In Rio de Janeiro, the beach is the center of life. This is the place where the rich and poor alike gather to relax, meet friends and play sports. No matter the reason for your visit to Rio de Janeiro, beach time is a must, even if it's just to soak in the beach culture and observe Rio's residents doing what they do best.
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Choosing a Beach to Visit in Rio
Rio de Janeiro's beaches are divided by postos, or lifeguard posts, and just about every posto has a unique feature.
Postos 1 through 6 are located along Leme and Copacabana Beach and alongside some of the city's most glamorous real estate. The postos along Copacabana, postos 2 through 6, were the site of beach volleyball during the 2016 Summer Olympics. Posto 6 is also a popular place for stand-up paddleboarding and is the site of Copacabana Fort and the Historical Museum of the Army. This is also where the Olympic triathlon and marathon swimming events took place.
Posto 7 is the small beach called Arpoador, popular with surfers and families thanks to its quieter, more relaxed vibe.
Postos 8 and 9, located on Ipanema Beach, tend to be busy with younger crowds who gather here to socialize with friends in afternoons and evenings. You will find a gay-friendly area marked with rainbow flags.
Posto 10, another stretch of Ipanema, tends to attract the wealthy who live in the neighboring area, while Posto 11 (Leblon Beach) attracts an even more exclusive crowd. It is here that you should go to see celebrities in Rio, including some of Rio's wealthiest residents, including soccer stars and soap opera actors, who live in the mansions near the beach. Nearby Posto 12 includes a baby-friendly area, good for families with small children.
You'll soon notice that Brazilians love to practice sports on the beach. Beach volleyball and soccer are popular, but you'll also see the local invention, futevólei, or footvolley, which is volleyball played with the feet.
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What to Wear on the Beaches of Rio
Brazilians don't wear much on the beach. Women and girls always wear bikinis, and many women choose tiny bikinis that include triangle tops and a bottom that has slightly more coverage than a g-string. Men usually opt for a sunga--a pair of tight-fitting, square-shaped swimming trunks. Baggy swim clothes are uncommon.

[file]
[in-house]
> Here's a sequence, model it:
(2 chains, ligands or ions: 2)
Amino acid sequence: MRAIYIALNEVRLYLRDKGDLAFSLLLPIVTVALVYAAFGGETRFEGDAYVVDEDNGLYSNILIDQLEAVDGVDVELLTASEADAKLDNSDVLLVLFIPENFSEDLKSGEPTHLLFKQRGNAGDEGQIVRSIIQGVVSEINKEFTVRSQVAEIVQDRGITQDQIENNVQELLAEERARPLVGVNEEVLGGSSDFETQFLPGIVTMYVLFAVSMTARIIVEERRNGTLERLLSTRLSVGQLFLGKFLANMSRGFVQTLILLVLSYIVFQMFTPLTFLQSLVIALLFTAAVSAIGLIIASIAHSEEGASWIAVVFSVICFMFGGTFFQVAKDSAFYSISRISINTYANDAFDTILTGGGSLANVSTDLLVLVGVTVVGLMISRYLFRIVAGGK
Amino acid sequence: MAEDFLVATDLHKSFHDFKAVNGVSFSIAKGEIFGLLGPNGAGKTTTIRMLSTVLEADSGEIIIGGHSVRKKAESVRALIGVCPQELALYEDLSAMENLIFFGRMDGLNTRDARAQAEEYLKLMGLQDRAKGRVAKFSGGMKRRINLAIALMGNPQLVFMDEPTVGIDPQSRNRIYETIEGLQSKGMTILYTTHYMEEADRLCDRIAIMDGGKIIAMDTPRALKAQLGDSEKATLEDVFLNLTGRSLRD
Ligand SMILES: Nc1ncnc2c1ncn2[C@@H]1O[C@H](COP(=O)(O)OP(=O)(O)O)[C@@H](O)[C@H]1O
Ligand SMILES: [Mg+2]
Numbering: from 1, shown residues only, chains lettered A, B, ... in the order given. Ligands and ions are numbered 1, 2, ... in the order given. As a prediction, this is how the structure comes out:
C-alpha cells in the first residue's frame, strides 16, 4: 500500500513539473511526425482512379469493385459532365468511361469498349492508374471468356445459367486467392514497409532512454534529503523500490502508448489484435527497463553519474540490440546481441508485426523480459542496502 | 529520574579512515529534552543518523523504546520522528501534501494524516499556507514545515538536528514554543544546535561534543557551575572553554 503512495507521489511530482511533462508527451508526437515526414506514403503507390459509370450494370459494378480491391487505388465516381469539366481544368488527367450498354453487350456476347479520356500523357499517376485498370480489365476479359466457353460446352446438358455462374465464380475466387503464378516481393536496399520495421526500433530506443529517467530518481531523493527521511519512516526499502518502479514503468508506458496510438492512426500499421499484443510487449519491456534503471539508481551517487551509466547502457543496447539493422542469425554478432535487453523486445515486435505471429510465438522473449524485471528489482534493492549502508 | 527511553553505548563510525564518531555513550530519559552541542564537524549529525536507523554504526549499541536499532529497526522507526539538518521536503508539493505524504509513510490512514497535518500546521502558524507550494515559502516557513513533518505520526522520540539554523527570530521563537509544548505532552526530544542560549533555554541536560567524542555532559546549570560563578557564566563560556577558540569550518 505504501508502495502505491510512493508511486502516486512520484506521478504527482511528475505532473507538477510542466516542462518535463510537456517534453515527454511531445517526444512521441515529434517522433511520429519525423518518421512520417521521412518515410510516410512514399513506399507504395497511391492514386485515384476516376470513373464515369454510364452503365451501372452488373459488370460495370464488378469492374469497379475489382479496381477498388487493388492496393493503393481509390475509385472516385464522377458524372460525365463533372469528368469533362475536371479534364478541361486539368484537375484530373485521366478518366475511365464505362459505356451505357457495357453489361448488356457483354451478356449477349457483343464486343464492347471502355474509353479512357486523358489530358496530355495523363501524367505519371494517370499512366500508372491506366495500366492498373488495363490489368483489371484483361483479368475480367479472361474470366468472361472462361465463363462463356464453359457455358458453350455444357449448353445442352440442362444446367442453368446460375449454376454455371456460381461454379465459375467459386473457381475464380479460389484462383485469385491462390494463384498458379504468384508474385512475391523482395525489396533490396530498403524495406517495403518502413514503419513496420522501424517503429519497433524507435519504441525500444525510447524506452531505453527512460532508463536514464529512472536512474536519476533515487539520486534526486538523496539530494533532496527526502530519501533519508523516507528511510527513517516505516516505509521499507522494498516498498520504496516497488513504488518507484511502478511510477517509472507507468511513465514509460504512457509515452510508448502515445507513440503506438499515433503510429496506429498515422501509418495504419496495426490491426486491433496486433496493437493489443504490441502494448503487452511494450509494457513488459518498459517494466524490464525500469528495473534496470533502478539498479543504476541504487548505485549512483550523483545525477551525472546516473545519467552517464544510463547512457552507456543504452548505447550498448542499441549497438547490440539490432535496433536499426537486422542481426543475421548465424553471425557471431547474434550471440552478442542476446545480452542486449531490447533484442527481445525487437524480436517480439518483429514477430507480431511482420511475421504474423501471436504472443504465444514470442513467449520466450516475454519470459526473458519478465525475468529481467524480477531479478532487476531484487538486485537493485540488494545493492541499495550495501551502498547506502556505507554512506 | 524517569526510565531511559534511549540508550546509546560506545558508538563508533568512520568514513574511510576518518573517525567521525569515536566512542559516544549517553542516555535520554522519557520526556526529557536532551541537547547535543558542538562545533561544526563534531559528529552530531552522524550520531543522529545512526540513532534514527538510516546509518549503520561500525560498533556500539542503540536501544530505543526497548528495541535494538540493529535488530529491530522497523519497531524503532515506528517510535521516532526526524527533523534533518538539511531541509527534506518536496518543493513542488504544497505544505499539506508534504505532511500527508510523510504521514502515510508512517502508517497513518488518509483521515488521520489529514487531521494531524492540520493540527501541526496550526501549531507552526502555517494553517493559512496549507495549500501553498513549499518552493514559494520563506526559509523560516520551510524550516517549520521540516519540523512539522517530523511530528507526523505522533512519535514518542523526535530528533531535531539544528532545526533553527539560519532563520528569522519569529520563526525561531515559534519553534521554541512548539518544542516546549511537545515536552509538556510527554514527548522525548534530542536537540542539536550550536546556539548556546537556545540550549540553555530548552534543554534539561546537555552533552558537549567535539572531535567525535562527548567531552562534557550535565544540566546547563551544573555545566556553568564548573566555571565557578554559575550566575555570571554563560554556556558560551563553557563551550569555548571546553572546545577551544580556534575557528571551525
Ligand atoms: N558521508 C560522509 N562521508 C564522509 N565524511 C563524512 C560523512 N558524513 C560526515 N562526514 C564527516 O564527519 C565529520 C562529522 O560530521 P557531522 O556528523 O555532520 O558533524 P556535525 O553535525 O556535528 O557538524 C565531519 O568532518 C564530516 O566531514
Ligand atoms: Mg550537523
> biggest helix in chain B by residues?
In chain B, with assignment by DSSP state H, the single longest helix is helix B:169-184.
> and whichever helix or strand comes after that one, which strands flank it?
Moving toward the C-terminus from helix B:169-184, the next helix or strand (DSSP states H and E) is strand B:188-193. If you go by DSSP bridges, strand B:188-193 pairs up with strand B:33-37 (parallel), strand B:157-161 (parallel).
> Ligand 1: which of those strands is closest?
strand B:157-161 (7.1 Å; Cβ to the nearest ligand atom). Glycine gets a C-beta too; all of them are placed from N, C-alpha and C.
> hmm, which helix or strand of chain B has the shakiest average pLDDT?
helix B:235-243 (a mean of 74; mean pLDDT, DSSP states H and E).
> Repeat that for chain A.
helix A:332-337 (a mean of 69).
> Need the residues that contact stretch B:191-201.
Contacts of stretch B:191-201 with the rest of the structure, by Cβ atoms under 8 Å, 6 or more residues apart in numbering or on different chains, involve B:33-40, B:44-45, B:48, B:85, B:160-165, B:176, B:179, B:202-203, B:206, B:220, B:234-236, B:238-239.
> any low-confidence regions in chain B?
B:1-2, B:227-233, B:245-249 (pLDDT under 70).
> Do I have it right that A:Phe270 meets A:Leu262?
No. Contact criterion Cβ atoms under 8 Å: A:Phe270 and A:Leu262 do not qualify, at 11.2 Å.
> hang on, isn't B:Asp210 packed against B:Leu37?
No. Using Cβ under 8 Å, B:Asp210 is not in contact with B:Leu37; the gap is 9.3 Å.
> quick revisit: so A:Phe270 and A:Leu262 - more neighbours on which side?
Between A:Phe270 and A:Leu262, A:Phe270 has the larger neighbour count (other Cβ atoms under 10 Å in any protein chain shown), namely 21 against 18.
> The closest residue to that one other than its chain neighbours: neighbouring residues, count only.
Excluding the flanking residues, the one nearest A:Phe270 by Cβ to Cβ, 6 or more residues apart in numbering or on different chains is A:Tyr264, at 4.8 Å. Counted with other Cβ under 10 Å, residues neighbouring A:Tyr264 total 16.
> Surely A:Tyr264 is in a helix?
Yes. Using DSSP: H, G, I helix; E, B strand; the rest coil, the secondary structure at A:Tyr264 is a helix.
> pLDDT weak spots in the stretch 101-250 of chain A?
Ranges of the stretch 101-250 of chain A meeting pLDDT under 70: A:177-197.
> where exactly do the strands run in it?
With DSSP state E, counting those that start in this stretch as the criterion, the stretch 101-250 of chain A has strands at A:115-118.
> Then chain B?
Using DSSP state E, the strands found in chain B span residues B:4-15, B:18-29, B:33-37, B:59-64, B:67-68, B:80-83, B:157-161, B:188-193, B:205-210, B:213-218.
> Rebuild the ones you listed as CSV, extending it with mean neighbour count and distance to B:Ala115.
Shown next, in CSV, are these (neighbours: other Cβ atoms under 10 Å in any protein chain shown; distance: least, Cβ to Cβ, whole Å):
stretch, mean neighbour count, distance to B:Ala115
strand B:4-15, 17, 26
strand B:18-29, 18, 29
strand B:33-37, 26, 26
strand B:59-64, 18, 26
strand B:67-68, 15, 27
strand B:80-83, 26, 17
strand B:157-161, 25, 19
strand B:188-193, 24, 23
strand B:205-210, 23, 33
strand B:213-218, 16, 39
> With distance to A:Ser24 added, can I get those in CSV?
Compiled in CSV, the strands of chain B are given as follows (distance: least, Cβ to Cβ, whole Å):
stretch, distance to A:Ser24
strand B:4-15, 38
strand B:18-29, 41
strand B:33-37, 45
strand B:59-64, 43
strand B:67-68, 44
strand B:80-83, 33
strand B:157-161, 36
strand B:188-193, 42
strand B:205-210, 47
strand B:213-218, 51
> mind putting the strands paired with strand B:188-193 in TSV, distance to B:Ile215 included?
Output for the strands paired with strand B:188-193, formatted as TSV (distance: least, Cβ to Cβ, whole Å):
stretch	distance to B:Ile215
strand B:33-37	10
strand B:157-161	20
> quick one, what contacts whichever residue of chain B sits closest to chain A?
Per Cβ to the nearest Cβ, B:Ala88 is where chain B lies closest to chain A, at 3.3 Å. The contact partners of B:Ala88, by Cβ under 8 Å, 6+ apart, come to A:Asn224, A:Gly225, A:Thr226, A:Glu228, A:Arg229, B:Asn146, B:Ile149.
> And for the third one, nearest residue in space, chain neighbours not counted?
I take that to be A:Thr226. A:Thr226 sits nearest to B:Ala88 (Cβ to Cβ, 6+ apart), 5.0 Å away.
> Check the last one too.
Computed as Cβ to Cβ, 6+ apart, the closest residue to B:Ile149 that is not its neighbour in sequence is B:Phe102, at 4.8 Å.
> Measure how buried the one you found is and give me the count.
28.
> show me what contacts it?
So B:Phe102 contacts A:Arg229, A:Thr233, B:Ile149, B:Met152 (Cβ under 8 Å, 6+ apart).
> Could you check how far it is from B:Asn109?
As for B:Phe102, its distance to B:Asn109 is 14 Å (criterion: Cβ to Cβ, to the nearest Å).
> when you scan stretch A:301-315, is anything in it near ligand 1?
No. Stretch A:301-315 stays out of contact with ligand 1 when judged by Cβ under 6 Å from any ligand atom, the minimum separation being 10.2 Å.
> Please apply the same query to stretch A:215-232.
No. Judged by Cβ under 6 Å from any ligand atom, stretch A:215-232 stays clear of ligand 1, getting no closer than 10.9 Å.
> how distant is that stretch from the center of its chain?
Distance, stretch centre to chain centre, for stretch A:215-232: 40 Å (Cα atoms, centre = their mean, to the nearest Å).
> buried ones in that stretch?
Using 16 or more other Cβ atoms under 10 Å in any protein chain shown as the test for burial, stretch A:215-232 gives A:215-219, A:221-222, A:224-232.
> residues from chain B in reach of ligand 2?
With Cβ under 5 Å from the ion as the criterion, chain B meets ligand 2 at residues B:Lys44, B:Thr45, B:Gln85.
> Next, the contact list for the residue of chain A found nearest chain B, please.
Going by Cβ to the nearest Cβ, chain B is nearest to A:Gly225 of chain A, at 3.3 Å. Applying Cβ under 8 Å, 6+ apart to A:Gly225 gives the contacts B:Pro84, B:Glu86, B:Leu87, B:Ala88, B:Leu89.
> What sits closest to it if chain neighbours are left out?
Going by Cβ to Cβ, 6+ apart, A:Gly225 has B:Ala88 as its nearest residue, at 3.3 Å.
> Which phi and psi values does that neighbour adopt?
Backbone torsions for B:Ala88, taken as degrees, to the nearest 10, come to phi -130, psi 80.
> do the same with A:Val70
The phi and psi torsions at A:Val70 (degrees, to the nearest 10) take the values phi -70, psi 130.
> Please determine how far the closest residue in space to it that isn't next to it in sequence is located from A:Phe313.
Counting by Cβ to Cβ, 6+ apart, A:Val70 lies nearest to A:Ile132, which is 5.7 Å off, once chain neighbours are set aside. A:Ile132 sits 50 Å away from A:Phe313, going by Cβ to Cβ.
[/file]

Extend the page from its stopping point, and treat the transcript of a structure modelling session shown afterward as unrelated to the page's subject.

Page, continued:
You'll quickly notice that Brazilians have little inhibition when it comes to hanging out on the beach in just their small swimsuits. People of all shapes, sizes, and ages do so (but going topless is a no-no). It's common for them to walk the famous sidewalks along the beach in just a bikini and Havaianas.
Most Cariocas, as Rio residents are called, use a canga--beach sarong--or beach chair to sit on. Sarongs can be purchased on the beach, and some hotels in Rio offer beach equipment for free use or rental.
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What to Eat on the Beaches of Rio
Beach culture in Brazil includes all kinds of tasty beach snacks. Barracas, or tents, offer a range of healthy snacks and drinks.
Be sure to cool off with an agua de coco, or fresh coconut water, which is said to be an excellent way to hydrate after spending time in the sun. Rio locals also enjoy beach snacks like corn, açaí bowls with granola and bananas, grilled kabobs of cheese, nuts, and esfihas (flatbread with beef, spices, onions, or mustard greens). Typical beach drinks include the famous caipirinha and an ice-cold beer, usually a light Pilsner or lager like Antartica or Brahma.
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Safety Tips for the Beaches of Rio
Don't leave things behind even for a moment--if you go in the water, ask a friend to watch your things. Avoid hanging out on the beaches at night, and avoid areas where there are few people. Don't bring valuables like expensive jewelry or cameras to the beach.